I feel I owe the ‘crime writers’ crime writer’, John Harvey, a huge apology for the comment he wrote inside my copy of his excellent book back in 2008 for I fear that – make that ‘I know that’ I have been guilty of exactly what he warned against – wasting time.
Fast forward to the 10th January of this year – the morning of the day we awoke to the news that David Bowie had left us – returning, presumably, to the stars.
Several things happened.
I had no idea just how much his passing would affect me. I’d never thought of myself as being a massive music fan, although now I realise I am and always have been – the ‘soundtrack’ to my life (if you’ll excuse the tired old cliche) being something I’d just accepted as a background to so many other things.
Then there was the Beckenham connection – I’d have never visited the public outpouring to other celebrities or famous figures who have passed, but the mourning and celebration of David Bowie was for the most part playing out on my doorstep.
Jumping off the train one stop before London, I was in Brixton viewing and reading the tributes there, I went to Heddon Street and did the same. And, of course, as they are in my home town, I couldn’t not pass by and stop and think a while at the site of the old Three Tuns Pub – my first and only real drinking place in my school and college years – and the bandstand at Beckenham Recreation Grounds. And, every visit was accompanied by one of the currently (looks at iPod screen) 675 Bowie tracks playing in my earpieces.
I’ve been collecting the music of his where there were gaps in my collection, devouring biography after biography, plus all the DVDs and magazine features I can get my hands on. Even my home music system got an upgrade in recent weeks, and a turntable arrived, to cope with the growing collection I’ve been playing and enjoying.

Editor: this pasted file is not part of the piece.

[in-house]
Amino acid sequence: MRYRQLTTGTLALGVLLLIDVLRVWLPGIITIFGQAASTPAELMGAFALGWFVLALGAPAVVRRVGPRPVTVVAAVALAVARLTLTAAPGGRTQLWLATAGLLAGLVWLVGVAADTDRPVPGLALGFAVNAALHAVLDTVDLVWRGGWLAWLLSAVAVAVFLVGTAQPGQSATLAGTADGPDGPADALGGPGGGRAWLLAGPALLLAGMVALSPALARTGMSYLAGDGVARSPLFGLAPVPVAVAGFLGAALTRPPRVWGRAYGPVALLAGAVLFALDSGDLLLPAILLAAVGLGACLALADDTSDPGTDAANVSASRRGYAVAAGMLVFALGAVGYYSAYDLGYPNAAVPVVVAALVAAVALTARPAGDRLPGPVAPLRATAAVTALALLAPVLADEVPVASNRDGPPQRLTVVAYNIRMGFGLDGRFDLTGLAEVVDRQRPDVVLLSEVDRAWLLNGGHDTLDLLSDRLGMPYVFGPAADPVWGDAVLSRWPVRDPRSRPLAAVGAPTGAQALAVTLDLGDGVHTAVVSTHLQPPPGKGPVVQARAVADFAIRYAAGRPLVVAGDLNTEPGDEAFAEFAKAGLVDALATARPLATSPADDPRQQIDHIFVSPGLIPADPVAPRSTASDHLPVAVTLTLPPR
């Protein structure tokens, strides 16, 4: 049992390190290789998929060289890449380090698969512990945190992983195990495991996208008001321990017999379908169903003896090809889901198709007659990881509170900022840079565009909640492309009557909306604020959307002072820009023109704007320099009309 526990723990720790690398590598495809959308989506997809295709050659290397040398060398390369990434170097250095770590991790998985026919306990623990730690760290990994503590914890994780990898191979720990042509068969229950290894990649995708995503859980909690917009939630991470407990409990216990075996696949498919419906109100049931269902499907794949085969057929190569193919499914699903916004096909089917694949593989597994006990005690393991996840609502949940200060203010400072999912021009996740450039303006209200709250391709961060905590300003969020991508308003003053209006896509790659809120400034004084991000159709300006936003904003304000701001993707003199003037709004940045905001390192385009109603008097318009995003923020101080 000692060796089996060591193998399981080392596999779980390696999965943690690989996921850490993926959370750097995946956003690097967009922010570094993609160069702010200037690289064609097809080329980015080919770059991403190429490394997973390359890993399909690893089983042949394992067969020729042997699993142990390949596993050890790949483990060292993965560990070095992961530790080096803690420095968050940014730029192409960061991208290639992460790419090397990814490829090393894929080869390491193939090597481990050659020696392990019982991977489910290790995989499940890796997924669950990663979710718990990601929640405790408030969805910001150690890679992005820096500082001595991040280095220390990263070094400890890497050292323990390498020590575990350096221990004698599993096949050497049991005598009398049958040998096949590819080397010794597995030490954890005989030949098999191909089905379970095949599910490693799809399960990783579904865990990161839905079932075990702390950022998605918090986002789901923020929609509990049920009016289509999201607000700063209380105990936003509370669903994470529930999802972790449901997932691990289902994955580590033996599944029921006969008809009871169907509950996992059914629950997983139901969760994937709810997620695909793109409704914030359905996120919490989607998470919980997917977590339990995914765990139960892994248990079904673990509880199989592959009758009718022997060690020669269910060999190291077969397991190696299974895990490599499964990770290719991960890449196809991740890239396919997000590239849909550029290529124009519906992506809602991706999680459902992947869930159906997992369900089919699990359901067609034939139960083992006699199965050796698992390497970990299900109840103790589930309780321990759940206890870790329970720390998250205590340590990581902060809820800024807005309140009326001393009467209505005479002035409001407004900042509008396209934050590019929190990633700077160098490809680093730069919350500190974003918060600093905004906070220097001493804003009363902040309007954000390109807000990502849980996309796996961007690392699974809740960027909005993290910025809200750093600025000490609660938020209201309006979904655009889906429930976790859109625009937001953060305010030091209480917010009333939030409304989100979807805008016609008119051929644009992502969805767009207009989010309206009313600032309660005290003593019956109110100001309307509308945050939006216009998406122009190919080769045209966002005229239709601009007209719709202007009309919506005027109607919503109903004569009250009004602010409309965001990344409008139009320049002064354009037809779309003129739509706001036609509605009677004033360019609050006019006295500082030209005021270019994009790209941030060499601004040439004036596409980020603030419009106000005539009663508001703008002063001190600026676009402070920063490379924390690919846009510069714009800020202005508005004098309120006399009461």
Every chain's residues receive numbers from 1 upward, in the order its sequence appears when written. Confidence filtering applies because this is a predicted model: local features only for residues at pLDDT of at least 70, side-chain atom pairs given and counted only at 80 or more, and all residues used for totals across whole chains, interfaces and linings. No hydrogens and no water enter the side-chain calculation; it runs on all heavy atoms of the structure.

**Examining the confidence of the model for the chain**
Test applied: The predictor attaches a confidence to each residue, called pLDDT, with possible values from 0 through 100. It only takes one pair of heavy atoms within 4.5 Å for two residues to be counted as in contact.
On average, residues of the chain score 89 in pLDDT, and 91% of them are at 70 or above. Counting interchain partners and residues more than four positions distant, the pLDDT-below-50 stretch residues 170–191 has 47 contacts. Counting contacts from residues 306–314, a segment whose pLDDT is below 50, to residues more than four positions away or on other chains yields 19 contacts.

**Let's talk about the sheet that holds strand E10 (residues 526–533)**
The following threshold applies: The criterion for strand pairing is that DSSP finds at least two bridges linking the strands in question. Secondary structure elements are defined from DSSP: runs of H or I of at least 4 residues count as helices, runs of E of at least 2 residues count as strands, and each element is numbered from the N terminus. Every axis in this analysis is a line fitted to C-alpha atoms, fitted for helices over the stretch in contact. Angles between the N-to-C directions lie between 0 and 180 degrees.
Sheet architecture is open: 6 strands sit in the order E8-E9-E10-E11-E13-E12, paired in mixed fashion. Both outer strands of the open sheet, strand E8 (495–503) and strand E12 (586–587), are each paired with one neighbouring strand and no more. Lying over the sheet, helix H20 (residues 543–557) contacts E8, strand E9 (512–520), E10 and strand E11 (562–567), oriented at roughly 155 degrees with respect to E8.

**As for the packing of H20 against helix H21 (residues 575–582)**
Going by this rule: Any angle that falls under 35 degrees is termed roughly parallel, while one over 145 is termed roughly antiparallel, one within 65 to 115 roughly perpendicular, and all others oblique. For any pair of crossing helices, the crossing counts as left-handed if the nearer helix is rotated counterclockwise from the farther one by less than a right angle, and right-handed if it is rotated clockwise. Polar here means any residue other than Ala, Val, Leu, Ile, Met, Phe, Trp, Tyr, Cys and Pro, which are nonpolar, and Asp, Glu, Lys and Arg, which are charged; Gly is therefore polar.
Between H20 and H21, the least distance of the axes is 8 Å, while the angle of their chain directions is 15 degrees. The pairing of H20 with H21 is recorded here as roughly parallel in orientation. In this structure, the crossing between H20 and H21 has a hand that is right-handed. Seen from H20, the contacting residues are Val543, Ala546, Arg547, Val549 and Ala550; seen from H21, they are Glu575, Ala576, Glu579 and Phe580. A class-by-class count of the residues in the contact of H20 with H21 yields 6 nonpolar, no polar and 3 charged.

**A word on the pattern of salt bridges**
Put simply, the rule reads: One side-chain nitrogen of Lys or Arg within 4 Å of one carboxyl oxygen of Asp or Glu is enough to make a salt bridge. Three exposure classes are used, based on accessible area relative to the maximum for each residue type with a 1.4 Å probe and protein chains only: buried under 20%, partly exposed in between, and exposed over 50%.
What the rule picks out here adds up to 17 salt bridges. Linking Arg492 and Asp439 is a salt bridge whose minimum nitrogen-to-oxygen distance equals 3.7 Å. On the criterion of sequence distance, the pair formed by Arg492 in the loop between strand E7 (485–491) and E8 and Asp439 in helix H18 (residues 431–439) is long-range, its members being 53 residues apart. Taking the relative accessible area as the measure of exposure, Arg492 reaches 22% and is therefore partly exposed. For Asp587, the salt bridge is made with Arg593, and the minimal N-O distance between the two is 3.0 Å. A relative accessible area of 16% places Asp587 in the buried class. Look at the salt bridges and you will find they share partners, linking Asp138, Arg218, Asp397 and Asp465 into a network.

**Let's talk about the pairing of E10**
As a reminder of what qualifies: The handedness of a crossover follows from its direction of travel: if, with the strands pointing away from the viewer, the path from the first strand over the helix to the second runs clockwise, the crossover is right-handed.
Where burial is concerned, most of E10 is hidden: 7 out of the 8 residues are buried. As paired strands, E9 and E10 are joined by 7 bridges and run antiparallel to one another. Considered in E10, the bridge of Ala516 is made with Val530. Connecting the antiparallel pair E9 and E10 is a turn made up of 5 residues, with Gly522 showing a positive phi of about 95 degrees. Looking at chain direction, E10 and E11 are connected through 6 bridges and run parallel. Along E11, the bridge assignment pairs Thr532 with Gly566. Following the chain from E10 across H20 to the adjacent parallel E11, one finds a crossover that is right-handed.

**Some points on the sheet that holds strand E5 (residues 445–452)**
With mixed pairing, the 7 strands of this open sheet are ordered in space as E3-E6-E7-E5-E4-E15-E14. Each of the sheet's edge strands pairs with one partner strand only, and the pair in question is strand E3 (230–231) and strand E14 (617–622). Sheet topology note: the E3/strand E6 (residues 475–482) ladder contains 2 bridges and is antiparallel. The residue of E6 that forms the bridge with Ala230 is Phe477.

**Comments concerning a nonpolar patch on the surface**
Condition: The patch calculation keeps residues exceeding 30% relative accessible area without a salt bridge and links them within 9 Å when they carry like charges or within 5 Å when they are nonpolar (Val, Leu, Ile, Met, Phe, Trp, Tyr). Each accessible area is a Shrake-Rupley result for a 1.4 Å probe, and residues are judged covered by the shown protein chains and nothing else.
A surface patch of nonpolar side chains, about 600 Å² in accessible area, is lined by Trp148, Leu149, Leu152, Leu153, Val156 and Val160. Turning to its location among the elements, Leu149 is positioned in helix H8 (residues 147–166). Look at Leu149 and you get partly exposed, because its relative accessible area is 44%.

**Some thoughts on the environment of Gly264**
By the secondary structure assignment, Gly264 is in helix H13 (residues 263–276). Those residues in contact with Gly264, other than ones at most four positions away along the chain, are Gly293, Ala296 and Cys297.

There are two things I’ll take from the experience of January into February 2016.
The first is to seek out more.
It’s not been enough to go to a charity screening of Labyrinth – I’m reading Walter Tevis’ novel ‘The Man who fell to Earth’, listening to Iggy Pop, will watch ‘The Last Temptation of Christ’, will read more William S Burroughs’. Hell, I might even watch ‘Bandslam’ – continuing to go out of my comfort zone I guess you’d say – so, in a way a second apology is due to Mr Harvey for my departure from crime fiction for a while.
But, the second thing is back to Mr Harvey’s dedication in my book, coupled with the image of David Bowie scribbling like mad into a notebook in the video for Lazarus – indicating to many that he was still striving to get more and more ideas and projects out before the starship came to collect him.
A combination of those things, plus the knowledge that no one owes me any form of living doing what I enjoy means that, as I rattle through from my forty-fifth to forty-sixth year on planet earth, I’d be striving to do what I want and need to do.
So, maybe, just maybe – all of those unfilled notebooks I’ve been collecting for years can now begin to be filled with snippets, ideas, sketches, stories and memories.
With thanks to John Harvey and now to David Bowie.
I don’t want to waste any time.
No more dead-time – that can always wait.